State Bar Association
Personal conflict of interest
A lawyer who serves as a foster parent may maintain a practice as an
Attorney for Children and as the representative of other persons in proceedings
in the Family Court of the same county.
But if a reasonable lawyer would conclude, in relation to any given
client, that a significant risk exists that the lawyer’s professional judgment
on behalf of the client will be adversely affected by his or her personal
interest as a foster parent, the lawyer may not represent the affected client
unless the lawyer reasonably believes that he or she can provide competent and
diligent representation and the affected client gives informed consent
confirmed in writing.
1.7(a) & (b)
1. The inquirer, a family law practitioner,
is considering serving as a foster parent under various provisions of the
Family Court Act and the Social Services Law.
The inquirer practices in the same county where she resides (and where
she would serve as a foster parent).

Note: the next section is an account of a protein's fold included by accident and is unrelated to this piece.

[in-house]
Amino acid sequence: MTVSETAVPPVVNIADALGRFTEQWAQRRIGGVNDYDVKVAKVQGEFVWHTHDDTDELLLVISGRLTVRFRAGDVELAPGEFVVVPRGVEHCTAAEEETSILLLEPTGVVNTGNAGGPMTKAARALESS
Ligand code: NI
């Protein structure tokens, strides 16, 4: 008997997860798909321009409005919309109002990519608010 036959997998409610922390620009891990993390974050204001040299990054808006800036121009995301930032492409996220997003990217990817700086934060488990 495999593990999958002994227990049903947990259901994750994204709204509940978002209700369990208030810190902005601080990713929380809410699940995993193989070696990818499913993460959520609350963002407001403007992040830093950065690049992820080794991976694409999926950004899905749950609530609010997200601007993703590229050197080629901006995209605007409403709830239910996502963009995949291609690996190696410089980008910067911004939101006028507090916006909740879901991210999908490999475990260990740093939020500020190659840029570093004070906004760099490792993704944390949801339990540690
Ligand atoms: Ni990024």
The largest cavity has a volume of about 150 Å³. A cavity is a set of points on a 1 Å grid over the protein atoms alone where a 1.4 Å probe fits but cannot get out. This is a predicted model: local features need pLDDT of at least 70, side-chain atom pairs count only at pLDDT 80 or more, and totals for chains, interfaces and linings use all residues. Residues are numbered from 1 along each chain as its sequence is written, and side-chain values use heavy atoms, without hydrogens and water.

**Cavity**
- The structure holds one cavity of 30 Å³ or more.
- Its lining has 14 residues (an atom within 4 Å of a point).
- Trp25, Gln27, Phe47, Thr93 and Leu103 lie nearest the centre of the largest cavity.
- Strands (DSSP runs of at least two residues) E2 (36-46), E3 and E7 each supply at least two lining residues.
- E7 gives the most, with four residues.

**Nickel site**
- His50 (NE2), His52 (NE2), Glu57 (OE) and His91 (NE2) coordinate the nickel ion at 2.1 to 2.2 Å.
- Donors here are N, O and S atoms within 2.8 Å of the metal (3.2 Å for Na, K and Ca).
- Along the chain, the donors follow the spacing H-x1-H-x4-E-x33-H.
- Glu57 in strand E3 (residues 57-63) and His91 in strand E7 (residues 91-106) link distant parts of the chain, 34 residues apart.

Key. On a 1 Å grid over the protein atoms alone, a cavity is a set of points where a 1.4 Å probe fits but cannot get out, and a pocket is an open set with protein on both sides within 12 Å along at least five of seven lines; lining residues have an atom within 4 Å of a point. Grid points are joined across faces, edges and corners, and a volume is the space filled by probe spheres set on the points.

2. The county commissioner of social
services, as head of the county department of social services, or his or her
delegate (collectively, the Commissioner) appears on behalf of the county in
many of the family law actions in the inquirer’s practice, including
proceedings under Article 10 (Child Protective Proceedings) and Article 10-A
(Permanency Hearings for Children Placed Out of Their Homes) of the Family
Court Act. Consequently, both the
Commissioner and the inquirer appear on behalf of their respective clients in
all Article 10 and 10-A proceedings concerning children for whom inquirer has
been named attorney.
3. The county also acts as the foster care
agency. The Commissioner, as legal